Chicago Teachers to Divest Private Prisons, Immigration Detention Centers

The fund is also barred from making any future investments in these industries.

The $10.8 billion Chicago Teachers’ Pension Fund Board of Trustees voted Friday to sell stocks in private prisons and immigrant detention centers worth more than $500,000.

The board also voted against any future investments in such businesses. The fund’s investment managers must unload these holdings as soon as “reasonably practical,” according to a statement.

Jay C. Rehak, the president of the CTPF Board of Trustees, said the prisons and detainment centers “deliberately outsource public services and foster unsafe working and living conditions.” The two companies targeted, CoreCivic (the teachers’ fund has 7,900 shares) and Geo Group (a heftier 13,825), house both domestic prisoners and immigrants.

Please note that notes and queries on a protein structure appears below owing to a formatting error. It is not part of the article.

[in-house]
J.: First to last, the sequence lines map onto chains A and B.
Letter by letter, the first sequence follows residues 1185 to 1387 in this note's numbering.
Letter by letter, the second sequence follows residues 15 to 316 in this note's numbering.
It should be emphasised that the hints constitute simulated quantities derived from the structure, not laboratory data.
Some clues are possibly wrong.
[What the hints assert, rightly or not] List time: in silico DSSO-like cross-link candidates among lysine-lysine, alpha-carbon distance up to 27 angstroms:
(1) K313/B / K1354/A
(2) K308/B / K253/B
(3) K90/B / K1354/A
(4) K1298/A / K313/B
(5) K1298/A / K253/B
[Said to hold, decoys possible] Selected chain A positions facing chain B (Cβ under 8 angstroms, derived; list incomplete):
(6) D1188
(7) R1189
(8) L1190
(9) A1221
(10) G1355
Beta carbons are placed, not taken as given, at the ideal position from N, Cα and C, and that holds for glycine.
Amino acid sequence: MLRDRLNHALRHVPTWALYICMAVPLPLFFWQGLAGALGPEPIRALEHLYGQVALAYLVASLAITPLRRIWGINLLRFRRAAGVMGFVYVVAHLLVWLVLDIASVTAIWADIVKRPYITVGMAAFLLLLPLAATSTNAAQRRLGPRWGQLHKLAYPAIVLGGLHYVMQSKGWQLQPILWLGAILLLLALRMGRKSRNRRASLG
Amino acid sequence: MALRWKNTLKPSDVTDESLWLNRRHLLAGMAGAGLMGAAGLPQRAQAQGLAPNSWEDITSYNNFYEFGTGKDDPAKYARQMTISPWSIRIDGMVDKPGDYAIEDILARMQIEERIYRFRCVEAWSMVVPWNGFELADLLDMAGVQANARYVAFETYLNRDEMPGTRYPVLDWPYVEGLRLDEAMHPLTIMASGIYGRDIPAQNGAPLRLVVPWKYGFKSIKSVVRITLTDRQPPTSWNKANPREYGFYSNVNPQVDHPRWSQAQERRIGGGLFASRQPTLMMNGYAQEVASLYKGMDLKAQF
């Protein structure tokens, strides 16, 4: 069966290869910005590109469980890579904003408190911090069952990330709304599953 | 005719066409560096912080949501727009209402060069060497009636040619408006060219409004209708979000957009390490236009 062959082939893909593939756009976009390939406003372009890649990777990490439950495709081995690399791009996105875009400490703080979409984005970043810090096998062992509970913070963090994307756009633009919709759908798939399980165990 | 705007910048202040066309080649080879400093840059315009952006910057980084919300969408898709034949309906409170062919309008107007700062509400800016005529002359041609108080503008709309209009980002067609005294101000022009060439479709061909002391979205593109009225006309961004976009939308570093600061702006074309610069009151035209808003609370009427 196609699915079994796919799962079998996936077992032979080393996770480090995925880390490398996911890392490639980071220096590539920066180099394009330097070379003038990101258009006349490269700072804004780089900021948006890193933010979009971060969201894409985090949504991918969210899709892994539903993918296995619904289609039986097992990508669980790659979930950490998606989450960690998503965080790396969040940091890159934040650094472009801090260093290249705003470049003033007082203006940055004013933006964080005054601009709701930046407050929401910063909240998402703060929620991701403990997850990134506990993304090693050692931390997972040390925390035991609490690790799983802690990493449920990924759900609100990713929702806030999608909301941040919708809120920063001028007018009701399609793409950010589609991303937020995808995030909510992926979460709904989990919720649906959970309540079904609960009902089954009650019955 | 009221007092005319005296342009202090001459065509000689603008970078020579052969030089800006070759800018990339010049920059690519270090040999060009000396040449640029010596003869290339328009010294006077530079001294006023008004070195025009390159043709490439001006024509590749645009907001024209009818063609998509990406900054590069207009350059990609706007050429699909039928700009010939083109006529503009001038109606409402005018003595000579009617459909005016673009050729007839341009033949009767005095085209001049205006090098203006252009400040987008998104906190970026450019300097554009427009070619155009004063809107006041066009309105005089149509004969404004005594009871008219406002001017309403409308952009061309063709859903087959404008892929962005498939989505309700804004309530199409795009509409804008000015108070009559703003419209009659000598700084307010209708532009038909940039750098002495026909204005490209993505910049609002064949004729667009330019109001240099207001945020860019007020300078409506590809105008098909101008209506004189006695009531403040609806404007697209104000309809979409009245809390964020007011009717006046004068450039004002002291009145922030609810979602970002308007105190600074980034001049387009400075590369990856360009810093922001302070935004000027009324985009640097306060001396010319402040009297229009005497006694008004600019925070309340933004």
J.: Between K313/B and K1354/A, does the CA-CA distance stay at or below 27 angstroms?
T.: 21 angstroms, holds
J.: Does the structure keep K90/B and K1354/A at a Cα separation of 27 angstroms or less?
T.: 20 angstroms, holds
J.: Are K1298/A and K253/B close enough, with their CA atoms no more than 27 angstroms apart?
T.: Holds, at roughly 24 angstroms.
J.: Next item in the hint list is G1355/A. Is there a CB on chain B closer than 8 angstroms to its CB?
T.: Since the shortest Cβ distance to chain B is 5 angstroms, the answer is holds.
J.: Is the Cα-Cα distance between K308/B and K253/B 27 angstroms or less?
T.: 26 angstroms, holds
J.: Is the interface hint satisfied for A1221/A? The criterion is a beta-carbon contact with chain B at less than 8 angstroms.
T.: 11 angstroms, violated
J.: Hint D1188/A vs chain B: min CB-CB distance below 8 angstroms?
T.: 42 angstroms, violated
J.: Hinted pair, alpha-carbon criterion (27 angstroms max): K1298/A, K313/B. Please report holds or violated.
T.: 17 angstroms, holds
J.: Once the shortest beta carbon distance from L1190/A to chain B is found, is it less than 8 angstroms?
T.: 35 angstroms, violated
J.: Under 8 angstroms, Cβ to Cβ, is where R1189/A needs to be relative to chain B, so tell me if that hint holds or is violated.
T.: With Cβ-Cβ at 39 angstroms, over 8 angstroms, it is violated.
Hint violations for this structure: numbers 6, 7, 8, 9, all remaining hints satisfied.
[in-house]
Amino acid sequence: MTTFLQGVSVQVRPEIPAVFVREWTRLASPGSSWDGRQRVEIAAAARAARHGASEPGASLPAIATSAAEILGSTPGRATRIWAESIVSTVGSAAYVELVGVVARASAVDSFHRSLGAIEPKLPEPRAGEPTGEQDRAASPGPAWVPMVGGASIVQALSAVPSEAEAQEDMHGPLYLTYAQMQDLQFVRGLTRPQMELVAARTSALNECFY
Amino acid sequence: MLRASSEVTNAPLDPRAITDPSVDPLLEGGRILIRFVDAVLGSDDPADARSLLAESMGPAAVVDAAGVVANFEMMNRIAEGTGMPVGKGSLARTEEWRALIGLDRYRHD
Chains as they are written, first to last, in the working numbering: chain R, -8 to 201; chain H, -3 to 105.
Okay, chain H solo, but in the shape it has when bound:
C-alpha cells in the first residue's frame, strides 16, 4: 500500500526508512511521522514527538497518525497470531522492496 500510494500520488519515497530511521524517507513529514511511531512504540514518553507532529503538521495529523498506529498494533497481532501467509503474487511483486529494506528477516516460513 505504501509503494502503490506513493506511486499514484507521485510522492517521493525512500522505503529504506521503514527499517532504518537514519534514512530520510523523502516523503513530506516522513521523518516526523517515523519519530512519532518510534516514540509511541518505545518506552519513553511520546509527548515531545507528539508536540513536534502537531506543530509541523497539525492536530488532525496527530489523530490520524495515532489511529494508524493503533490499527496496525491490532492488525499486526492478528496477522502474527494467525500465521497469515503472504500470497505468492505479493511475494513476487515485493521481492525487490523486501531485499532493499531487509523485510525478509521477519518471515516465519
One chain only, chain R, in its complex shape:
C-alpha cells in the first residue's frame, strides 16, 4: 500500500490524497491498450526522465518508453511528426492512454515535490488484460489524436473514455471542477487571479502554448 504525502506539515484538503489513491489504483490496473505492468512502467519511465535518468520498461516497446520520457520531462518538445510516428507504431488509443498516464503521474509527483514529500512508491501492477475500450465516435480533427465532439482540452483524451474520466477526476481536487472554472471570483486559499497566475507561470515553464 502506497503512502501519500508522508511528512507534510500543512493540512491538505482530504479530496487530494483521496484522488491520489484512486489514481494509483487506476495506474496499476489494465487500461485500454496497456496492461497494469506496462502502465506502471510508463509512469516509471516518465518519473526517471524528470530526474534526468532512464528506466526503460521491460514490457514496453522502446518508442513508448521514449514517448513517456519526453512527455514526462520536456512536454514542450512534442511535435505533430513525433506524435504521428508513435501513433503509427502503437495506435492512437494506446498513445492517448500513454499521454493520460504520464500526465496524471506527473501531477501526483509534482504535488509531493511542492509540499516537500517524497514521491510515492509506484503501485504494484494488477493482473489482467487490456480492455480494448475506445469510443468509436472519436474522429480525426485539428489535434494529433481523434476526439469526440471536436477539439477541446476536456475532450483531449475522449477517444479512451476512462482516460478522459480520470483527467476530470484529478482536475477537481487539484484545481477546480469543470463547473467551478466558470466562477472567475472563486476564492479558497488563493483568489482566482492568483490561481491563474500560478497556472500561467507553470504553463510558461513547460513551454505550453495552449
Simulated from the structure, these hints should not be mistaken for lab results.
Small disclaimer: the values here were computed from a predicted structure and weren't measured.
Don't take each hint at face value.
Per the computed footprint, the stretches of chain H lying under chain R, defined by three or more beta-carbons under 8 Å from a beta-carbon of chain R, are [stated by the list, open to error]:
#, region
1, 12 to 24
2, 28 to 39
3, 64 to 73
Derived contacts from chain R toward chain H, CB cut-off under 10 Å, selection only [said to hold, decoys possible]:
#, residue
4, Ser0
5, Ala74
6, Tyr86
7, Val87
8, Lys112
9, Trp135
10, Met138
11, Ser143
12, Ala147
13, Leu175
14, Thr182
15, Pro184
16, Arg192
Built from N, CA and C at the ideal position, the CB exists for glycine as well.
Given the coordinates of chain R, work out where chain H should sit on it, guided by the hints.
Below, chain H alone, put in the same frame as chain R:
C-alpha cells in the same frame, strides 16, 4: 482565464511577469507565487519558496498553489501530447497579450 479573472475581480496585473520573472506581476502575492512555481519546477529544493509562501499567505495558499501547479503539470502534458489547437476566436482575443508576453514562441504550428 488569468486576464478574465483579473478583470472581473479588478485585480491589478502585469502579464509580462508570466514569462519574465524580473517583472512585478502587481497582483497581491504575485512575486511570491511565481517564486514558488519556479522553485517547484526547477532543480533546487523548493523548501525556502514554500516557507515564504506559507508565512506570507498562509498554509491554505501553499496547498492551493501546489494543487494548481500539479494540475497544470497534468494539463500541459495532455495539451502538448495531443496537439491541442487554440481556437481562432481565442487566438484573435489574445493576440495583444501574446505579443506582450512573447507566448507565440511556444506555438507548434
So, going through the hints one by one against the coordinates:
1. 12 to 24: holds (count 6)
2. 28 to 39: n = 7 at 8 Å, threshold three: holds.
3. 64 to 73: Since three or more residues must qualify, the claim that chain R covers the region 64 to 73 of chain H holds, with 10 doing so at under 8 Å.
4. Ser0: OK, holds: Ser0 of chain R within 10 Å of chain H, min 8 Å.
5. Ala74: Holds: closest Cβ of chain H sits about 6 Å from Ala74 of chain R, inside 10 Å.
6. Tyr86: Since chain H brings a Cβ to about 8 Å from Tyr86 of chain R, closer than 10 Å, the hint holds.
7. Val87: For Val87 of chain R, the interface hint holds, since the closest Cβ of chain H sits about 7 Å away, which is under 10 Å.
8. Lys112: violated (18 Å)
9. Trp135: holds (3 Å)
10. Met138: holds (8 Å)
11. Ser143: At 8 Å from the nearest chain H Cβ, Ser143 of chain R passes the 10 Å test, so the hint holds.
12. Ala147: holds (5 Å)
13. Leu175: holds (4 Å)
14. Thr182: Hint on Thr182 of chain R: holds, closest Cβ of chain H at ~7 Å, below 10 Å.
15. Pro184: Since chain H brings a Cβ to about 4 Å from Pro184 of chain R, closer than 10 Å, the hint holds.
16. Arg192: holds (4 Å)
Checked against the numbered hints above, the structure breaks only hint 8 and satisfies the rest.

The teachers’ pension plan has $548,000 invested in these companies, and indicated the money would be re-allocated to other stocks or bonds.

“We know these institutions disproportionately incarcerate people of color and those who live below the poverty line, house immigrant children and perpetuate the separation of immigrant families,” Rehak said. Further, he added, they “put at risk unprotected, low-wage employees, while lacking fiscal and operational transparency.”

This comes at a time where public pension funds are beginning to remove themselves from correctional facilities. Last year, the $194 billion New York City Pension Funds became the first to divest completely from private prisons, with the rest of the state following the move last month. The $228 billion California State Teachers’ Retirement System (CalSTRS) is also currently evaluating its penitentiary holdings.

Public pensions funds “represent diverse memberships and the amount of assets can be used as leverage” against the likes of Core Civic and Geo, said Angela Miller May, Chicago Teachers’ chief investment officer.

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